Please Note: This article is written for users of the following Microsoft Word versions: 2007, 2010, 2013, 2016, 2019, Word in Microsoft 365, and 2021. If you are using an earlier version (Word 2003 or earlier), this tip may not work for you. For a version of this tip written specifically for earlier versions of Word, click here: Hiding Grammar Errors.

Hiding Grammar Errors

Written by Allen Wyatt (last updated April 1, 2023)
This tip applies to Word 2007, 2010, 2013, 2016, 2019, Word in Microsoft 365, and 2021


Word includes a feature that checks up on the spelling and grammar in your document as you type. You've seen the results—the red and green squiggly underlines that mark spelling and grammar errors that you may want to correct as you are typing.

The error marking can be bothersome to some people. These people would rather differentiate between the creative phase of writing and the more manual phase of editing and polishing the document. To these people the squiggly underlines are distracting. If you want to turn off the green squiggly underlines, you can follow these steps:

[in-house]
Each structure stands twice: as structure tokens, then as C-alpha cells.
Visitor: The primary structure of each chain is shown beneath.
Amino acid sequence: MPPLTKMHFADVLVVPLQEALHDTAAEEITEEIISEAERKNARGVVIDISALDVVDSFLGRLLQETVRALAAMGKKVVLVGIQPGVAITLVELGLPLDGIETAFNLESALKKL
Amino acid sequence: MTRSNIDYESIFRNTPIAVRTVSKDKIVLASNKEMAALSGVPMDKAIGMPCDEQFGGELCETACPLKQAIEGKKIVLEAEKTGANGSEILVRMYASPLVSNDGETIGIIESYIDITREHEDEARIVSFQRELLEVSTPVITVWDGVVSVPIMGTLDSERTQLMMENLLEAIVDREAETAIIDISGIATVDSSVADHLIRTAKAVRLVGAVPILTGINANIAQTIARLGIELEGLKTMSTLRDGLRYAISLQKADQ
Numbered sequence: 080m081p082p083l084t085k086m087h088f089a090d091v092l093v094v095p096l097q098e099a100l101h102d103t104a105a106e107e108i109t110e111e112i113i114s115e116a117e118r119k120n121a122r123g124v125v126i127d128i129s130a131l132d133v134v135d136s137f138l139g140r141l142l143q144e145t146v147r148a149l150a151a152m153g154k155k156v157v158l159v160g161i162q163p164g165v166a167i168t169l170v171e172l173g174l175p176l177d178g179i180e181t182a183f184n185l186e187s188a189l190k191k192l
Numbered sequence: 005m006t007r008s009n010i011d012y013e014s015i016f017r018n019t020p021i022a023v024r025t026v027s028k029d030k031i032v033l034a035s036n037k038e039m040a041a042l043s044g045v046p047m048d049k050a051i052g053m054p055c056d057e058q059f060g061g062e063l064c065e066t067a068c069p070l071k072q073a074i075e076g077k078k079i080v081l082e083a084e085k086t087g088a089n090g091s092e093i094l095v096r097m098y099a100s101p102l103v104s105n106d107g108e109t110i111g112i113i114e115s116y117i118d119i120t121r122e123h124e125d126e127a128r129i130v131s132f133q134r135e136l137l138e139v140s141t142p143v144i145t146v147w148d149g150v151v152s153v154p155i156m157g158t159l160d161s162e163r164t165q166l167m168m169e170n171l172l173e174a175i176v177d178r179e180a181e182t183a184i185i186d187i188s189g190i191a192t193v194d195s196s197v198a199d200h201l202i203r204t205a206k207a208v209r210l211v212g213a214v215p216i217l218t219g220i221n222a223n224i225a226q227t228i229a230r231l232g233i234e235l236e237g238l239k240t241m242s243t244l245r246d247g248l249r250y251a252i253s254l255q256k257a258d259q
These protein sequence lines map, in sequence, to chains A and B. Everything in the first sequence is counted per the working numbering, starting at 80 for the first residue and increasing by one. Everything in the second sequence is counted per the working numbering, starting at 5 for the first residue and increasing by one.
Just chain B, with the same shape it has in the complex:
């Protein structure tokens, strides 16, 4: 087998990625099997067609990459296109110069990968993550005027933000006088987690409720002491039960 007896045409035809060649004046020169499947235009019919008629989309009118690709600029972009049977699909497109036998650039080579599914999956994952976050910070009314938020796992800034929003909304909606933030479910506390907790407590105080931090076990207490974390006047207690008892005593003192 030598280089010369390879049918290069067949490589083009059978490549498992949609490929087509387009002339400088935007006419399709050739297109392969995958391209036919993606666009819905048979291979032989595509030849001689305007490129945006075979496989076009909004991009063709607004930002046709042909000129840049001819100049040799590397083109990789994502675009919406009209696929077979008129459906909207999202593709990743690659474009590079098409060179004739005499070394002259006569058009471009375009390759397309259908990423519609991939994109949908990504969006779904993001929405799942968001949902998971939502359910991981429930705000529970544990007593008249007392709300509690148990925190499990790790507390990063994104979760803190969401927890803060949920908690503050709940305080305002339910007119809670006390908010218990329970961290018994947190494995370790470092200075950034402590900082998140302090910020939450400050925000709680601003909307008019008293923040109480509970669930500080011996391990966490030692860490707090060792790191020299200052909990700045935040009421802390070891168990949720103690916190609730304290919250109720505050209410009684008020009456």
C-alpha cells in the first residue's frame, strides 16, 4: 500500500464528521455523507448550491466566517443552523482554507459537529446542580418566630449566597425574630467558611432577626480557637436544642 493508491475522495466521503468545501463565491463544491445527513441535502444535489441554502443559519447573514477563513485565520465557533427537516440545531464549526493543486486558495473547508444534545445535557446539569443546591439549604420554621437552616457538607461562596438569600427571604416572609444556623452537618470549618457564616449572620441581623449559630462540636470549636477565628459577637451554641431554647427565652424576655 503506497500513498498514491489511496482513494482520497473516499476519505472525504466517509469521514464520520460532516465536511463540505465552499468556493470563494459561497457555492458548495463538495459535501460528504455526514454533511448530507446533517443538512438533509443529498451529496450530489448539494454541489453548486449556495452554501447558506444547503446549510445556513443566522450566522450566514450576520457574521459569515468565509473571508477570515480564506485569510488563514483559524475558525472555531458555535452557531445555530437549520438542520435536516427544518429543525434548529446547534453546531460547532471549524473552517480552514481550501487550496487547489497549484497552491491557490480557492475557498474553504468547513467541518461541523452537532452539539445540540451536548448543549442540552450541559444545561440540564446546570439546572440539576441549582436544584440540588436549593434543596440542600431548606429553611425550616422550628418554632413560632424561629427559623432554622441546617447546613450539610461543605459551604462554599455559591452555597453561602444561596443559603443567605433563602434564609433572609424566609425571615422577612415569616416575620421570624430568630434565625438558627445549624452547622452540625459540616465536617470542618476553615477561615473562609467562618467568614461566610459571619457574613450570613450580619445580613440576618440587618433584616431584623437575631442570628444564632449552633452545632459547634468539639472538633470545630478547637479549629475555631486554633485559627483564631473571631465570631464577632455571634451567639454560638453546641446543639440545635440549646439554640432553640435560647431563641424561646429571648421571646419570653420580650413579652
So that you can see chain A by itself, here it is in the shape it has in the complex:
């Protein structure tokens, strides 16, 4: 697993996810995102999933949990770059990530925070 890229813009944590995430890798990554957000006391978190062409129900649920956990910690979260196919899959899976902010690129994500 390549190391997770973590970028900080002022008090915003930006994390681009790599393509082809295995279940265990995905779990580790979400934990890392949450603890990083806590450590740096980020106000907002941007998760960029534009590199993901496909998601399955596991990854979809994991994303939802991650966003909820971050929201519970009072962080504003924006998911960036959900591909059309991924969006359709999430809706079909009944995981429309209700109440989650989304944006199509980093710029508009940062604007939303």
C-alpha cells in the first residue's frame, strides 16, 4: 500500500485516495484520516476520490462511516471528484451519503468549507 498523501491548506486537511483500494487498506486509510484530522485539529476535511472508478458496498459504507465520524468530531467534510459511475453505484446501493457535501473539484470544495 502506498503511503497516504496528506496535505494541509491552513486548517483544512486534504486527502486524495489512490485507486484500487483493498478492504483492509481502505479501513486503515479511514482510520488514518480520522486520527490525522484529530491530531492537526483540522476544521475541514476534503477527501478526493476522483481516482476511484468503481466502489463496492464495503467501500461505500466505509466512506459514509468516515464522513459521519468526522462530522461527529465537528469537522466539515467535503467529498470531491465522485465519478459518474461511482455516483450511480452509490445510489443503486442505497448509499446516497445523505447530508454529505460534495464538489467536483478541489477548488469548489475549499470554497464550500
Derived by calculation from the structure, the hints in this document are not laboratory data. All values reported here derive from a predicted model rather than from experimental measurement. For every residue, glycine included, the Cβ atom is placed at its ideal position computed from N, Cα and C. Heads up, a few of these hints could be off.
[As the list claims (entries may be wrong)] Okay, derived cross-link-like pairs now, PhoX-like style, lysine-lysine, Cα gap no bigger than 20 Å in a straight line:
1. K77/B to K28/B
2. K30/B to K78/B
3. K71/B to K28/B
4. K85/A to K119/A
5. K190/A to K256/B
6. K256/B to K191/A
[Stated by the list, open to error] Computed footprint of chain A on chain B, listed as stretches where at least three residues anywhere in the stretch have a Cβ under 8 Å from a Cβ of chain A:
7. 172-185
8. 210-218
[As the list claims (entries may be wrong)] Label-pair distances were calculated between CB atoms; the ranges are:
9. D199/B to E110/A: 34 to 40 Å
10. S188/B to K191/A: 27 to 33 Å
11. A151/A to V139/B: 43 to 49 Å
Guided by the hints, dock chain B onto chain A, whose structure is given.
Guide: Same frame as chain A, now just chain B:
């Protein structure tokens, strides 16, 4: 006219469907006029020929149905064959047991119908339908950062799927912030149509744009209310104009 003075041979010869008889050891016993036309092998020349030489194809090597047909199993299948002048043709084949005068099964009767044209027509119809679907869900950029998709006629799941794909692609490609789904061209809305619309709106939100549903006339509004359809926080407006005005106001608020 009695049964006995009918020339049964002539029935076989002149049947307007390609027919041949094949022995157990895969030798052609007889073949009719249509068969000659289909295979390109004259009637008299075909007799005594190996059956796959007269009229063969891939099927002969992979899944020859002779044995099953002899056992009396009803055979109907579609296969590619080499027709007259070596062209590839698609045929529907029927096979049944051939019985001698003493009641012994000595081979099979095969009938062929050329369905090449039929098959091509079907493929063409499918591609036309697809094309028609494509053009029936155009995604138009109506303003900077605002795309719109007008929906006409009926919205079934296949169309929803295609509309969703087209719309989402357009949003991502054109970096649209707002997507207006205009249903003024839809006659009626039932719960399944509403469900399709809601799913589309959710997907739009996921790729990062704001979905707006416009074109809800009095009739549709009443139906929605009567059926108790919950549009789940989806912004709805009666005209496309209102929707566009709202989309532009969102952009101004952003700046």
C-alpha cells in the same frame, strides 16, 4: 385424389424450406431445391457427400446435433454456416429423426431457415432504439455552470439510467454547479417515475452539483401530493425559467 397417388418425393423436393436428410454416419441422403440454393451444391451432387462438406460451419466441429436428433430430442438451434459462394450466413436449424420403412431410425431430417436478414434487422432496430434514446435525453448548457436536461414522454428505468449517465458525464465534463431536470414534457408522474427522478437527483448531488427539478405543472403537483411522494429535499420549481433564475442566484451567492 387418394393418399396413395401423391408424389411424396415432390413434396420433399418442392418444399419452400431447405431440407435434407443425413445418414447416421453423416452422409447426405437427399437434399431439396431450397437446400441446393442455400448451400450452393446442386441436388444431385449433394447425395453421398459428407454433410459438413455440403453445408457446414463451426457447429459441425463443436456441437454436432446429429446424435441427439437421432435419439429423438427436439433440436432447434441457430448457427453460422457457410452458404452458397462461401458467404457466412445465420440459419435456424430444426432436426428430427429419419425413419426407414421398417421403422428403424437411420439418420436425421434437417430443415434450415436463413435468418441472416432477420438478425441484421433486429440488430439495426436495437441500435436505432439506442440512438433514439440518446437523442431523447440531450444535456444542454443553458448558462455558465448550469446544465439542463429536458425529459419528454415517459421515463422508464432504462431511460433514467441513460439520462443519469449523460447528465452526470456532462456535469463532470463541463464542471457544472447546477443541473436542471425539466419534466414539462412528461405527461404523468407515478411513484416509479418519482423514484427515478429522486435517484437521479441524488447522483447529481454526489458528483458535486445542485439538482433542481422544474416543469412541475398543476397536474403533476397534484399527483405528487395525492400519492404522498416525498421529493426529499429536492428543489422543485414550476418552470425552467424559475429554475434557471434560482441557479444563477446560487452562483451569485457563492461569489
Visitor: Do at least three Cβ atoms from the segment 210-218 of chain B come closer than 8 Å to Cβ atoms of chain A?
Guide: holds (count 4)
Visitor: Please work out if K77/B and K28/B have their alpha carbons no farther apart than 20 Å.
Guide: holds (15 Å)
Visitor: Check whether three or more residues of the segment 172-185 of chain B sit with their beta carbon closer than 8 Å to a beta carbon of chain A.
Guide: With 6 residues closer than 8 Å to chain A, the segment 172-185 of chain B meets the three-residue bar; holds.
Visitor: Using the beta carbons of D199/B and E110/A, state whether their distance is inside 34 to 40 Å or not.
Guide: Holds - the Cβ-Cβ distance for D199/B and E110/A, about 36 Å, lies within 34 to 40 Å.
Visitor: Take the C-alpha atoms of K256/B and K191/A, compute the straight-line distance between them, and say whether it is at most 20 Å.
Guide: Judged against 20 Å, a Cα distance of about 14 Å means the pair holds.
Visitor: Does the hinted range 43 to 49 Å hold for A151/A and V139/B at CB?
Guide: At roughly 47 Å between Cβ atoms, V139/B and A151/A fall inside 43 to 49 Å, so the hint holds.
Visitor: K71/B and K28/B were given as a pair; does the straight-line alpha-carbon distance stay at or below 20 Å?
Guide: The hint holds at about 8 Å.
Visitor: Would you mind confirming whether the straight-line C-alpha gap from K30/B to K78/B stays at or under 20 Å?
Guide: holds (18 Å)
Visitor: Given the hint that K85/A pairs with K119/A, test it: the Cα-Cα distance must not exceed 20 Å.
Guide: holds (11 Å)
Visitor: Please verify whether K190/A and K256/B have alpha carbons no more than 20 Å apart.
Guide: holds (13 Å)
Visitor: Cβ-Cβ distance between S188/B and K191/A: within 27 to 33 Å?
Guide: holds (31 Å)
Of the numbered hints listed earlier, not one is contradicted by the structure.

1. Display the Word Options dialog box. (In Word 2007 click the Office button and then click Word Options. In later versions of Word display the File tab of the ribbon and then click Options.)
  2. At the left side of the dialog box click Proofing. (See Figure 1.)
  3. Figure 1. The Proofing options of the Word Options dialog box.

  4. Make sure the Mark Grammar Errors As You Type check box is cleared.
  5. Click on OK.

Any existing green squiggly underlines should disappear. In order to use Word's grammar checking feature you will now explicitly need to explicitly start the process by choosing the proper option from the Proofing group on the Review tab of the ribbon.

WordTips is your source for cost-effective Microsoft Word training. (Microsoft Word is the most popular word processing software in the world.) This tip (12377) applies to Microsoft Word 2007, 2010, 2013, 2016, 2019, Word in Microsoft 365, and 2021. You can find a version of this tip for the older menu interface of Word here: Hiding Grammar Errors.

Author Bio

Allen Wyatt

With more than 50 non-fiction books and numerous magazine articles to his credit, Allen Wyatt is an internationally recognized author. He is president of Sharon Parq Associates, a computer and publishing services company. ...

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